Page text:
serve as a meaningful youth engagement mechanism in EU decision-making processes
bring together diverse voices from young people
empower young people to become climate advocates.
The idea is that they take place every three months, with the possibility of holding further meetings, if urgency so dictates.
The round tables will be facilitated by various European Commissioners working on climate and sustainability matters, with two meetings a year facilitated by Mr Timmermans.
Biliana Sirakova, EU Youth Coordinator (a post recently created – in June 2021 – to reinforce cross-sectorial cooperation and knowledge-sharing in the field of youth amongst European Commission services), will support this process by coordinating and liaising with different DGs.
All these meetings will be attended by a climate scientist to provide a scientific approach to the recommendations put forward and to back up the proposals with scientific evidence if needed.
Prof. Stefan Rahmstorf, Head of Earth System Analysis at the Potsdam Institute for Climate Impact Research (PIK), assumed this role at the first meeting. Commissioner Timmermans has clearly emphasised the urgency of the climate crisis. The positive news is that we can still stop the warming at 1.5 degrees, as was agreed in Paris, if we reduce emissions fast enough to bend the curve. The European 55% reduction goal by 2030 is a big step in the right direction. But if we all reduce emissions by the same amount, we will not make it … Climate justice implies that the well-developed industrialised nations have a greater responsibility to reduce emissions faster than the global average.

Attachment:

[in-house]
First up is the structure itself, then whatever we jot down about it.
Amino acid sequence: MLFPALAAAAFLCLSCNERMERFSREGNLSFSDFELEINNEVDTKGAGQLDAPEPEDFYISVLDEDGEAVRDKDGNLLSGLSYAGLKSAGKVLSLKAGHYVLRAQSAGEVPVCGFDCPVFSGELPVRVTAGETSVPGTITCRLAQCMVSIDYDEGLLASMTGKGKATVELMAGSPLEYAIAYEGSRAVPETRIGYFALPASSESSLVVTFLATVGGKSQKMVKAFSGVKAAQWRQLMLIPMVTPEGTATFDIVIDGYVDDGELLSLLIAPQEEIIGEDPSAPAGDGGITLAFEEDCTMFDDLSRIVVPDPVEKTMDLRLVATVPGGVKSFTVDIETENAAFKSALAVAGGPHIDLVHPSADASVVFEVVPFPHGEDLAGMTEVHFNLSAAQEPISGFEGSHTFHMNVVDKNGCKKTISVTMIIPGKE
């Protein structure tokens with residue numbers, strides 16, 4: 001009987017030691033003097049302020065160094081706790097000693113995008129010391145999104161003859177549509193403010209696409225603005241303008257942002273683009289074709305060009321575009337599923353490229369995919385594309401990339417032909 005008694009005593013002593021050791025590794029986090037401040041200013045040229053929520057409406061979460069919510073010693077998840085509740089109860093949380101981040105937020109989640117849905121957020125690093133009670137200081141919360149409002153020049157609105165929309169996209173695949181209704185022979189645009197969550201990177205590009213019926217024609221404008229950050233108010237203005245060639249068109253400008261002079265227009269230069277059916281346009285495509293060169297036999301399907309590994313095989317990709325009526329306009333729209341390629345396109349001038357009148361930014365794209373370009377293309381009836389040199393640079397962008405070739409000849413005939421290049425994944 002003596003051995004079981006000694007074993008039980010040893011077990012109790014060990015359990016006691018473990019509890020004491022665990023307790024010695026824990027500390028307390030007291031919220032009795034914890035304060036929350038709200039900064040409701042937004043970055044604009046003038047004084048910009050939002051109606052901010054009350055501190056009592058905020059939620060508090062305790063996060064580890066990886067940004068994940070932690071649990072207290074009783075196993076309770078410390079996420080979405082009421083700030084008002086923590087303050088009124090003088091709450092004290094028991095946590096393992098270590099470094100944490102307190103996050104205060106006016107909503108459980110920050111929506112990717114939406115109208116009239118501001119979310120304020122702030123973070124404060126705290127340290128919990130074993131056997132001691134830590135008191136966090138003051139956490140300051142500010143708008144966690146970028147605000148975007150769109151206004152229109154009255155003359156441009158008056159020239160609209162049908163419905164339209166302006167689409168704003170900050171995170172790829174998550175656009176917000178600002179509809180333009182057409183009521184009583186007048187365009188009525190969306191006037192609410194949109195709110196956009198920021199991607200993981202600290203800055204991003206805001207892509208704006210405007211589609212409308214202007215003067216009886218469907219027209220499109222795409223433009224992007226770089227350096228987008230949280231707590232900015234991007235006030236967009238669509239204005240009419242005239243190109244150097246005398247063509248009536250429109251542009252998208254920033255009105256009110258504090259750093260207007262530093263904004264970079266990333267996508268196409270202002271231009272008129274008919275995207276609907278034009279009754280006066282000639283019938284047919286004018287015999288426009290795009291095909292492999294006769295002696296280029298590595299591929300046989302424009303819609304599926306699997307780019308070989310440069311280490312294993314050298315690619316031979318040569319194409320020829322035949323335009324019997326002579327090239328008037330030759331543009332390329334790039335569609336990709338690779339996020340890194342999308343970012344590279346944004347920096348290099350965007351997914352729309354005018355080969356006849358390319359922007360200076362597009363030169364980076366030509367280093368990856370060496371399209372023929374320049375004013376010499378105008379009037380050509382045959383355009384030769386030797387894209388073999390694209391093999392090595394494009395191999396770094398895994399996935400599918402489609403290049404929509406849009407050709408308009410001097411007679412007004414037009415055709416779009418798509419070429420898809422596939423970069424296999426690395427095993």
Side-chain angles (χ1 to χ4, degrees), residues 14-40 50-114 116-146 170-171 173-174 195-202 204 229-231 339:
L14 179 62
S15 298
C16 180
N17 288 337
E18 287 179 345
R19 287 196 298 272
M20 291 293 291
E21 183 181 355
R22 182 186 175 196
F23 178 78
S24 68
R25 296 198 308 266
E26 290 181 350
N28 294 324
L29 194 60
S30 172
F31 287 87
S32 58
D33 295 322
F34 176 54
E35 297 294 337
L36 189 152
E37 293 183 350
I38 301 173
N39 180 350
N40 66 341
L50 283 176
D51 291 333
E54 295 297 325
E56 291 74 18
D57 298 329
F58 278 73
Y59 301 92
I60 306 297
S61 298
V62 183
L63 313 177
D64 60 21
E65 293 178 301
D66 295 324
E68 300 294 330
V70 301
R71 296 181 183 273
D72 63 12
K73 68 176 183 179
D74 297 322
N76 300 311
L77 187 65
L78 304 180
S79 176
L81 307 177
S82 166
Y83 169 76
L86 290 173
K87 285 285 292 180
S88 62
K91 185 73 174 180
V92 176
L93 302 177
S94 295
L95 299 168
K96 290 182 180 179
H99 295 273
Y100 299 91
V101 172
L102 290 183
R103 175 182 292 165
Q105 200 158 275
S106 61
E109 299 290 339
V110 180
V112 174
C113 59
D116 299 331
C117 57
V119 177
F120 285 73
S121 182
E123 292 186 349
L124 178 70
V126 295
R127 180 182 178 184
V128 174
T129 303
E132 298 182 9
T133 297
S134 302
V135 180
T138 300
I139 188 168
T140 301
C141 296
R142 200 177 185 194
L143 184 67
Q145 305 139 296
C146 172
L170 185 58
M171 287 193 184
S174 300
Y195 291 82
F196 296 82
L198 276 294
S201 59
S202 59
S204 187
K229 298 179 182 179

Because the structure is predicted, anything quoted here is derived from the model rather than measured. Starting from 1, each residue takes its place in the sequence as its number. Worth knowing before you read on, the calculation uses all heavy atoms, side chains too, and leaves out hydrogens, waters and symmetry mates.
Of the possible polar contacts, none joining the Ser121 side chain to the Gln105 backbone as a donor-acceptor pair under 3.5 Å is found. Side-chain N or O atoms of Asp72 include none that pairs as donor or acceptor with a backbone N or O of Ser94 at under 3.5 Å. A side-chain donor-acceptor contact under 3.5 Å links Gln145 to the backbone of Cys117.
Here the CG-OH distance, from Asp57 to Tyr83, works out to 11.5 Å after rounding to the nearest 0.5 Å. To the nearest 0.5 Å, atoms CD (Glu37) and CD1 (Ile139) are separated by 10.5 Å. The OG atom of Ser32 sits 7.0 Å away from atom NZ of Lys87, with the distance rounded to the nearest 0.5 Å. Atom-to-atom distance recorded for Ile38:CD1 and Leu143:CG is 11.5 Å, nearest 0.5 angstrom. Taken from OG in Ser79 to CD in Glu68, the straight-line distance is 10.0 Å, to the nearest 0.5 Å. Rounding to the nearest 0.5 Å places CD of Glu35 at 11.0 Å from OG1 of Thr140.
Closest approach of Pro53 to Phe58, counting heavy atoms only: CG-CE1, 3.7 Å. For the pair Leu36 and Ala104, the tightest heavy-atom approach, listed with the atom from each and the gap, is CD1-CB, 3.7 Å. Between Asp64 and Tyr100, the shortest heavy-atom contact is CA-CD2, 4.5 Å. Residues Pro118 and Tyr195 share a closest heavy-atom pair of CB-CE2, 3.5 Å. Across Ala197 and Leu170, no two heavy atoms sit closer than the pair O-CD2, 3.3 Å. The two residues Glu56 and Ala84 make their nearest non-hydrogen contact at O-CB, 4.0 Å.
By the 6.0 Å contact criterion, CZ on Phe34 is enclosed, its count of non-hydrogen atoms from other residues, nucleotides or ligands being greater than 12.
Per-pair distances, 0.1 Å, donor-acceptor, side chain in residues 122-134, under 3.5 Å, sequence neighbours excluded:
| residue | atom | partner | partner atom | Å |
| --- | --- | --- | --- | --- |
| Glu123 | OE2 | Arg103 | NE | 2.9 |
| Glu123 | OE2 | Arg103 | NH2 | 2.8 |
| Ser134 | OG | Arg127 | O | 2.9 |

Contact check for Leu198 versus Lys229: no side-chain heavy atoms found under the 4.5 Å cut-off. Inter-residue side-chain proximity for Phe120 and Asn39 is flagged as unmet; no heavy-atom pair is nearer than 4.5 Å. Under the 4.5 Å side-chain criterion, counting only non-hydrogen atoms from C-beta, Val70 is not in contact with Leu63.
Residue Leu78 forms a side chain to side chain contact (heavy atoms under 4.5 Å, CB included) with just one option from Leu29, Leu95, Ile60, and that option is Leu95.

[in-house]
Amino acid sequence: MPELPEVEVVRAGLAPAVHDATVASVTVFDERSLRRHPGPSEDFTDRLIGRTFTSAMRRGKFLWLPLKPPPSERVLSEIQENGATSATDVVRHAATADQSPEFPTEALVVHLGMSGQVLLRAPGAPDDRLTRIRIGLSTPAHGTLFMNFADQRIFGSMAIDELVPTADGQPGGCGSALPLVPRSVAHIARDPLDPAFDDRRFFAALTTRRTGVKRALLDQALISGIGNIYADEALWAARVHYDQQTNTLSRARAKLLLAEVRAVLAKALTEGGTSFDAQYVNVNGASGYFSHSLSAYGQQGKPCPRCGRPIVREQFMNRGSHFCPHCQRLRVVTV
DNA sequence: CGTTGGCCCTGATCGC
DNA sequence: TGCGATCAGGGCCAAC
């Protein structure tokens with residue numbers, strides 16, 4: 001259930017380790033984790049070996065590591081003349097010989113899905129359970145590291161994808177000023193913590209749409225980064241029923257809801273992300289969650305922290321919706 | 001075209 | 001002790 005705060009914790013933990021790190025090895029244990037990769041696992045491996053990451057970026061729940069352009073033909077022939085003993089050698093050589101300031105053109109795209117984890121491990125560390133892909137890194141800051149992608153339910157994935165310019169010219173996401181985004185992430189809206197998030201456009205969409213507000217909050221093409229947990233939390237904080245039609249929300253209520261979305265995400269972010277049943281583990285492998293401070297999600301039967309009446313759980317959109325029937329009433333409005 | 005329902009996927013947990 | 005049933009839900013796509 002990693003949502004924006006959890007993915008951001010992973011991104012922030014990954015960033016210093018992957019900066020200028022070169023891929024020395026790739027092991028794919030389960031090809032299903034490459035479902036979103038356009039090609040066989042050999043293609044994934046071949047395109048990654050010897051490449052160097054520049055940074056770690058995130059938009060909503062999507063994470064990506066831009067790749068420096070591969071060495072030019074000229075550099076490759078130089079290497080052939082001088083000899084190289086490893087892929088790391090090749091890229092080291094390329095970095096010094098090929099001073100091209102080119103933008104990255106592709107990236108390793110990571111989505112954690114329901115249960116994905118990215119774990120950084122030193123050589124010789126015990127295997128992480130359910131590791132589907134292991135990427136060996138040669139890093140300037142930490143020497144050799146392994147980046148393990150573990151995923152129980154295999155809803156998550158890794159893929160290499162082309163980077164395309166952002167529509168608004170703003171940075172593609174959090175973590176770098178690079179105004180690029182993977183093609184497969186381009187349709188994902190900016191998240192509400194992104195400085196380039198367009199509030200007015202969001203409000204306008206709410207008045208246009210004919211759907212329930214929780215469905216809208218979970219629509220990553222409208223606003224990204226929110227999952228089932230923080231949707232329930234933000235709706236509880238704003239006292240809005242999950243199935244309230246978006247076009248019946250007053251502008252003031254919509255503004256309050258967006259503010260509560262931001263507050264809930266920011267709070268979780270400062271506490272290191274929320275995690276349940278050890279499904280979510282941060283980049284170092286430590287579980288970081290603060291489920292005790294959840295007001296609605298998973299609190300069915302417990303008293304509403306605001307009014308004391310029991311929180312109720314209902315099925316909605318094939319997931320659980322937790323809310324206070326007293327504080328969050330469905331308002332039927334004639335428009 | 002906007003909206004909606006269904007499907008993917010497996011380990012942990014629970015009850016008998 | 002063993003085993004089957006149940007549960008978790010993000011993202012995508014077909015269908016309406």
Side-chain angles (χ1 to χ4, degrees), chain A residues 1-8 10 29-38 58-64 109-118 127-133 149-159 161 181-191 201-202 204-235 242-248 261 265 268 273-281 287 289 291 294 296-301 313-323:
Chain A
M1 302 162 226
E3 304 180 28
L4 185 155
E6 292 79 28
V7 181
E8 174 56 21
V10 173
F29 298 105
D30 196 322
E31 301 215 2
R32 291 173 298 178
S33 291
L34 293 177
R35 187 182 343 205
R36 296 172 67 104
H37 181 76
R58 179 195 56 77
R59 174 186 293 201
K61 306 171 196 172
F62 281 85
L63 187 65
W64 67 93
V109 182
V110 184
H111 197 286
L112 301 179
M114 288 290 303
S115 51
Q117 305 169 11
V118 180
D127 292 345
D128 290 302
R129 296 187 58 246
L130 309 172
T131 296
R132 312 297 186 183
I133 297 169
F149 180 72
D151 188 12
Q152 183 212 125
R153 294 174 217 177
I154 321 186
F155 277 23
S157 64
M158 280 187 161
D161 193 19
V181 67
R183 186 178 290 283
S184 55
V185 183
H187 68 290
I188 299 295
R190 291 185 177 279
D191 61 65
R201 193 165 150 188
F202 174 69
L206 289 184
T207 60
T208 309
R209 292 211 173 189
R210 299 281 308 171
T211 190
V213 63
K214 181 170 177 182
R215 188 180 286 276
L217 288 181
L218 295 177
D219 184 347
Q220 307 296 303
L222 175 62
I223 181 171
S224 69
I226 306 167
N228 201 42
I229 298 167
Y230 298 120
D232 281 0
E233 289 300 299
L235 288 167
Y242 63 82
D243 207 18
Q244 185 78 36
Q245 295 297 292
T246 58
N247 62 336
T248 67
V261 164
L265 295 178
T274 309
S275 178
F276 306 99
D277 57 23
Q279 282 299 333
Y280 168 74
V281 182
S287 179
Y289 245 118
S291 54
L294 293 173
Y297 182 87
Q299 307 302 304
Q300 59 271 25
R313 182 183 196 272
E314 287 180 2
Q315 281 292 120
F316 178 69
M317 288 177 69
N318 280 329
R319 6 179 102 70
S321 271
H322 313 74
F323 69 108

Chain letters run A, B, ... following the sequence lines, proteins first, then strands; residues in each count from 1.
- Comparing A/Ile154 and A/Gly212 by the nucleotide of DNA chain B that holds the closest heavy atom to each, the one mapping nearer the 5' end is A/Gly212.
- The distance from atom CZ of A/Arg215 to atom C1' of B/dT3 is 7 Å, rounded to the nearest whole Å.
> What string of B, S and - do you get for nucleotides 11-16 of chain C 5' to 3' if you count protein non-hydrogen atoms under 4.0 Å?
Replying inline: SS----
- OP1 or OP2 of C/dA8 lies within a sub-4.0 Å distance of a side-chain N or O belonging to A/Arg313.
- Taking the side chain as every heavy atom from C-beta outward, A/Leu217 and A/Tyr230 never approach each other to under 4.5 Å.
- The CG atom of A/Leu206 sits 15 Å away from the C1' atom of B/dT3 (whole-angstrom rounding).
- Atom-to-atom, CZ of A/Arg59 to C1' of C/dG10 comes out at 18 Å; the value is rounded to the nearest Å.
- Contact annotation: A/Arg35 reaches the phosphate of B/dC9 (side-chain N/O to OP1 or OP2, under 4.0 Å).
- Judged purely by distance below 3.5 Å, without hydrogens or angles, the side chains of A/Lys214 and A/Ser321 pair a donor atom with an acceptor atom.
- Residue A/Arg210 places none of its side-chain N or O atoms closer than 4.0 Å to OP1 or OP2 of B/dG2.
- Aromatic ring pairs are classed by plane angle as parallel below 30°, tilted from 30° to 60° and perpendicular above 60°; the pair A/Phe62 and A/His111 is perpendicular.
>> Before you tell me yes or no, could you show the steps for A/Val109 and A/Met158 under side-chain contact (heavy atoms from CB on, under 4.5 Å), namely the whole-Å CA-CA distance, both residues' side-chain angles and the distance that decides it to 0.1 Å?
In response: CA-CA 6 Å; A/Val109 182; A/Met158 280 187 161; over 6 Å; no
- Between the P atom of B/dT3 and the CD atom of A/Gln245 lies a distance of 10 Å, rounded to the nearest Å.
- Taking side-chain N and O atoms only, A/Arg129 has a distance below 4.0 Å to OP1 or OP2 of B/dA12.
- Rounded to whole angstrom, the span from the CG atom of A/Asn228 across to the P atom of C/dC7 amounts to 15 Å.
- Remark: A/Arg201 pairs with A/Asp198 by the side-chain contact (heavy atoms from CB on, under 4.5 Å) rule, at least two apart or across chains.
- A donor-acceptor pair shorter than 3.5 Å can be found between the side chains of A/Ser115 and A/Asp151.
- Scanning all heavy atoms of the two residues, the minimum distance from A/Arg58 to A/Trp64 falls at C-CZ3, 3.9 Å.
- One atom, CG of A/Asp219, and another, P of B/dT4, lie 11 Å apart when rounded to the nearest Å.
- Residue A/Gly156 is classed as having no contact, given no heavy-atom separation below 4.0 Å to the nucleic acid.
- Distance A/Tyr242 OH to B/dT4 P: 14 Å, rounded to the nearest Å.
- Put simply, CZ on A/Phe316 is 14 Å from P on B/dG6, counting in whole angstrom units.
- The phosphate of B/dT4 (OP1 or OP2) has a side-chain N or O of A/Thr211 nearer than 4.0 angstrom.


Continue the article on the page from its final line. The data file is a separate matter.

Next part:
From a conference of words into conference of actions
What were the specific proposals addressed to the Commission at this first meeting?
Jan Mayrhofer, Senior Policy Officer from the European Youth Forum, presented the first three proposals, while pointing out that the ultimate goal of the round tables was not to talk, but to act. The proposals include:
starting a discussion at EU level on the topic of over-consumption
introducing science-based binding targets for a material footprint reduction to keep consumption levels within planetary boundaries; multiple targets should be set for 2030, 2040 and 2050 against a baseline scenario
adopting EU legislation to ban planned obsolescence, linked to the right to repair.
Cillian Lohan, EESC Vice-President concluded: The EU urgently needs youth's innovative and ambitious approach to designing our future. This is a once-in-a-generation opportunity to redress systemic inequalities and transition away from unsustainable practices. However, young people need support. The ecosystem of activism needs encouragement, nourishing, and real space in the EU policy arena. Spaces for dialogue are only valuable if they are followed by action. Let's do it!
Young people have the right to have a say on matters that concern them. The climate emergency the world is facing today has mobilised millions of young people around the world, many of whom are profoundly affected by the threat it poses for their future. At the same time, it is the young people who have repeatedly demonstrated their energy, creativity and motivation to challenge current unsustainable models and push the decision-makers to adopt ambitious policies. Despite that, a wide gap remains between listening to young people, and actually acting upon their calls and demands.
This opinion will look into the possibilities to engage with young people in a formal way at institutional level and provide the building blocks for a new structured approach to youth engagement at EU level.
EESC opinion: Towards structured youth engagement on climate and sustainability in the EU decision-making process (own-initiative opinion)